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  • Francesca Pietkiewicz

I Deserve to Look Fun and Cool on My Period: Praising AWWA Period Underwear

Words by Francesca Pietkiewicz (she/they)

“Single-use period products are made with plastic, meaning they can take up to 500 years to break down in our landfills. Switch[ing] to period underwear continues to significantly reduce the number of single-use pads and tampons ending up in landfill and waterways.”* - Lena Aziz, AWWA Representative

My mum bought me my first pair of period underwear in my last year of high school. They were from the American-owned brand Thinx. When I left home a couple months later, I had misplaced them. Back in 2018, there weren’t any local options that I knew of, and I didn’t have the disposable income to get more pairs of Thinx shipped to my hall bedroom. 

I tried a moon cup for a while, wanting to stay on that saving the planet grind. But on every attempt, it popped inside of me like one of those half-circle popper dropper toys from the early 2000s—a sensation I don’t recommend. So I went back to a heavy period’s not-so-sustainable best friend: nighttime maxi pads.

As much as I have enjoyed the arrival and accessibility of period underwear from brands such as Libra and U by Kotex on supermarket shelves in the last year or so, I’m looking for a smidgen more out of my period products. I want something comfy, cute, and made to last. I want to support an ethical brand, so plastic, ancient, femme-coded period product brands are really not the go.

If I had to choose U by Kotex or Libra though, I’d go for U by Kotex just because they paired up with Thinx to make theirs. Libra has also had numerous transphobic complaints in the past and their period underwear is very much giving pink tax girly (with lace waistbands and their teen line being called ‘Libra Girl’) so not overly inviting or inclusive vibes.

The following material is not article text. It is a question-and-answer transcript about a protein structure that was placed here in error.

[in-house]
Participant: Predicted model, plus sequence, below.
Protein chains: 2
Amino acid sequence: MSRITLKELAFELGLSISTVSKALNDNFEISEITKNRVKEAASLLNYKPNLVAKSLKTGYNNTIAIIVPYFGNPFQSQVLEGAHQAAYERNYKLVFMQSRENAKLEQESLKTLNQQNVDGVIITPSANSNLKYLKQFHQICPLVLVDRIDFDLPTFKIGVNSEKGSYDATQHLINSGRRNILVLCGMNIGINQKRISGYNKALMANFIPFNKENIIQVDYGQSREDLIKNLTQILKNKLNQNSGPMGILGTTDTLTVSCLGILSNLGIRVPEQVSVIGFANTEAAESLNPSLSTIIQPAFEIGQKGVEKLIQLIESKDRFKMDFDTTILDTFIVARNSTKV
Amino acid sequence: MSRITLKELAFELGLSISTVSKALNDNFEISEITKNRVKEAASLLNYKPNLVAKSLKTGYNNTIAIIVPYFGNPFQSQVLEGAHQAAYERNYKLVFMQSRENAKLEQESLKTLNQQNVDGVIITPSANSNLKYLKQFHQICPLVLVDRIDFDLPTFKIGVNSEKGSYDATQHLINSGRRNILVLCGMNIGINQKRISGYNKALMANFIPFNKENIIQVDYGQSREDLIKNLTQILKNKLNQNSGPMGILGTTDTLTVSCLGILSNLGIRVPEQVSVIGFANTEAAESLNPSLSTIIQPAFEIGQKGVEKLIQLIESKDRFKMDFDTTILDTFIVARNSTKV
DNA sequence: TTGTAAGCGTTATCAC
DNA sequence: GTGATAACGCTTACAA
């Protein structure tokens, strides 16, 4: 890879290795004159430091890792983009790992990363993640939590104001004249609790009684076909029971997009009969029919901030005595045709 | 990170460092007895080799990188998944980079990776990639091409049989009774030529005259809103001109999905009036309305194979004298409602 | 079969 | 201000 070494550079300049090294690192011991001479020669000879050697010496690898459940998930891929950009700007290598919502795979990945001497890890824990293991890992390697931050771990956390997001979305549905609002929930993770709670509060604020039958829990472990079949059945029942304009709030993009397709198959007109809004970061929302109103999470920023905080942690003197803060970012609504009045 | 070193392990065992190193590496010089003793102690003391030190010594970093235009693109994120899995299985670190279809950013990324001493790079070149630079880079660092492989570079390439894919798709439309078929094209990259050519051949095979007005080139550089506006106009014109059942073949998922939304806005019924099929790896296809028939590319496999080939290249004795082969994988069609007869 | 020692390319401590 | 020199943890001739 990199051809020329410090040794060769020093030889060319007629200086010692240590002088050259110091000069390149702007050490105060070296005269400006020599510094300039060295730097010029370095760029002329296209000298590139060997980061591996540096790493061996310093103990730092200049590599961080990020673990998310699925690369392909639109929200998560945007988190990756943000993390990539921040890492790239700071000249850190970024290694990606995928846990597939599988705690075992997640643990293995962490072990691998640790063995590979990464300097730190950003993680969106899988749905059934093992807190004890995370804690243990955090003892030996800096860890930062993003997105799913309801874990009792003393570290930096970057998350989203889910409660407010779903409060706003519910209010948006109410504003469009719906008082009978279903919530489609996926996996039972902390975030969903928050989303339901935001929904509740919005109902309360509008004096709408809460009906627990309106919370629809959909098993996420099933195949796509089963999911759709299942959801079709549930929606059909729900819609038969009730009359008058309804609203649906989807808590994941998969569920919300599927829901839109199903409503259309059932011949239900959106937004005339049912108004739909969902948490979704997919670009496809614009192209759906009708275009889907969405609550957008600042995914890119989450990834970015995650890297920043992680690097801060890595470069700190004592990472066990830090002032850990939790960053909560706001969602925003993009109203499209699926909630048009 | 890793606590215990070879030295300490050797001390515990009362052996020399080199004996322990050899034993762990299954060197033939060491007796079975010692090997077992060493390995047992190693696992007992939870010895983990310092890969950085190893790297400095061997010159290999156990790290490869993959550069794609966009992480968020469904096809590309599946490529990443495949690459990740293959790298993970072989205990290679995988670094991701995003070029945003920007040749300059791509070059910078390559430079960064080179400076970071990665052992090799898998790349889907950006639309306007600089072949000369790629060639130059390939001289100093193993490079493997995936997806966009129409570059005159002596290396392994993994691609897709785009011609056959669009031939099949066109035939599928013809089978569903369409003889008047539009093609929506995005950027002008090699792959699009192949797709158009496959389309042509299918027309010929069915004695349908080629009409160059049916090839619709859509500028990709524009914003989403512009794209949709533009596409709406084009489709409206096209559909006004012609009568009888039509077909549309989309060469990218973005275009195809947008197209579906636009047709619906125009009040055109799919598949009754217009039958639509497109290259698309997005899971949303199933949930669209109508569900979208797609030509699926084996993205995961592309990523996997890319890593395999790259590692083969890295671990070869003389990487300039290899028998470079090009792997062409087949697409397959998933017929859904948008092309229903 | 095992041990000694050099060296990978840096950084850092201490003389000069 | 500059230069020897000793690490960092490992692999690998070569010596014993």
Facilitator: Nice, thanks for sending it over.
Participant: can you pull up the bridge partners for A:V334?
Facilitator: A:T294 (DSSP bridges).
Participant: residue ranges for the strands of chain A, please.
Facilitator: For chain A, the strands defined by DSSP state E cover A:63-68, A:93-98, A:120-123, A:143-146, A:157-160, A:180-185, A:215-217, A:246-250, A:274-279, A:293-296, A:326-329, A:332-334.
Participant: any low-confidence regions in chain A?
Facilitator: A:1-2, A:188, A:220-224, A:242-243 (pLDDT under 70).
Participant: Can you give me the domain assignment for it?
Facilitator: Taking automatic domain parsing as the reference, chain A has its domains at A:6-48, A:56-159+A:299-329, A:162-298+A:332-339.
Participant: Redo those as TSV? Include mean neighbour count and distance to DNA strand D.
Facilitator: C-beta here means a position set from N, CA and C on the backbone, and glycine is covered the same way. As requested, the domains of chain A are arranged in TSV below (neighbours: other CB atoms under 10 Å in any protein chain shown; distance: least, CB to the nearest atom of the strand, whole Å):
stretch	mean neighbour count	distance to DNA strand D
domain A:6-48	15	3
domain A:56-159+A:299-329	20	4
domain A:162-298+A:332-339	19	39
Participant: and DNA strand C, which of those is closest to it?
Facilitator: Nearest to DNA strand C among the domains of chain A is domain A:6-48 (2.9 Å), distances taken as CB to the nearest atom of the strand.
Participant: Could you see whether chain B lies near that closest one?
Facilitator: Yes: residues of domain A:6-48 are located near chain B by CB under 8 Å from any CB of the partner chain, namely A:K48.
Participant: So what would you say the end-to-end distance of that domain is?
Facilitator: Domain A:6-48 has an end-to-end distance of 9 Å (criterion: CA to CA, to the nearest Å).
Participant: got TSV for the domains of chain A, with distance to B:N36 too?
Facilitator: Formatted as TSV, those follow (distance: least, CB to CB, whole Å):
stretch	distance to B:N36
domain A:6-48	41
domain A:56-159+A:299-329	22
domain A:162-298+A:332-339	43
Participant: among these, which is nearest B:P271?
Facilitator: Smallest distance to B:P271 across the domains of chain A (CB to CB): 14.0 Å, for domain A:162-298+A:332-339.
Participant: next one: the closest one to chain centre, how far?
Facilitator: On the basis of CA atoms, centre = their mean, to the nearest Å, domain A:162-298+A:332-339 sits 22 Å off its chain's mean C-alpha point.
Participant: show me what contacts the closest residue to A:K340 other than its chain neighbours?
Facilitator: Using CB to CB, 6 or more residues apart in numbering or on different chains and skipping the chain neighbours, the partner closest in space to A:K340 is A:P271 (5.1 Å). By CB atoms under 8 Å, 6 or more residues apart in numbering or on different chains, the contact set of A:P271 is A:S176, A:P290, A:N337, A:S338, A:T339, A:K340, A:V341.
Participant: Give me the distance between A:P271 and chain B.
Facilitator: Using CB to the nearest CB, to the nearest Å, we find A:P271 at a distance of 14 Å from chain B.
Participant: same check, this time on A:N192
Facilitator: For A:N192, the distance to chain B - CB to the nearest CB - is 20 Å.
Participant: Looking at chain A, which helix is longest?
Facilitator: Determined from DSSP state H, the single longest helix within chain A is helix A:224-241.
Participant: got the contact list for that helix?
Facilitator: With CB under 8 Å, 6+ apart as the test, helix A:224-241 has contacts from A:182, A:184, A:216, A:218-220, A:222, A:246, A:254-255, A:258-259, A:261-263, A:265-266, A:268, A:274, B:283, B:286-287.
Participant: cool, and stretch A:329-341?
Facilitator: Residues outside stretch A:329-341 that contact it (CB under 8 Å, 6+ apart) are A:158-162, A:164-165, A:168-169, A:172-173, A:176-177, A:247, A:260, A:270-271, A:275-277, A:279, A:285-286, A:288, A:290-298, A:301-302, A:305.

For this review, I’m focusing on the Aotearoa-made, wahine Māori-owned period underwear brand: AWWA. (I was gifted AWWA products for this review.) I first noticed AWWA a couple years ago, and was drawn in by how beautiful their products and design were. Here’s the thing with period underwear: it’s boring as shit. I mean, I get it, you’re bleeding through them, so go with black granny panty vibes. But why the hell not make them cute? Am I not allowed cute undies on my period? I’m already crampy, my period underwear should not remind me I’m feeling drab. 

That’s not the case with AWWA. They’ve got cute colours, like pink, periwinkle purple, khaki green, and rust orange. They’ve got different styles, from cosy, high-waisted briefs to sexy g-strings and matching bras. They even have boxers, which, as a non-binary person, I found very slay. Periods are a huge reminder of my femininity and the intensity my hormones bring into my life, so a little bit of masc energy for my flow week was hugely welcomed. They also have swimwear! I had just accepted that swimming on my period wasn’t an option. I’m pumped to purchase some AWWA swimwear for my summer awa swims in the Ruamāhanga.

Back when I first noticed AWWA, I had just gotten a hormonal IUD and my flow had gone from excessive to almost non-existent. I didn’t feel the need to purchase any undies. But since the recent removal of said IUD, the seven days of heavy bleeding are back, and my AWWA package arrived just in time to support. I got a pair of periwinkle briefs and rust orange boxers and I squealed while opening them. They’re absolutely gorgeous. 

I wore the boxers out to the Milktooth, Maiden Name, and Sheboy wonderfully sapphic gig, the perfect setting to be in gender-affirming period care. I don’t usually have the energy or confidence to go out on my period. But I did that night and that’s exactly what AWWA products promote. Why should my period underwear make me feel worse when it could make me feel fun and cool?

Skip the supermarket trip your next period and support a local, Māori-owned business. Invest in some AWWA.


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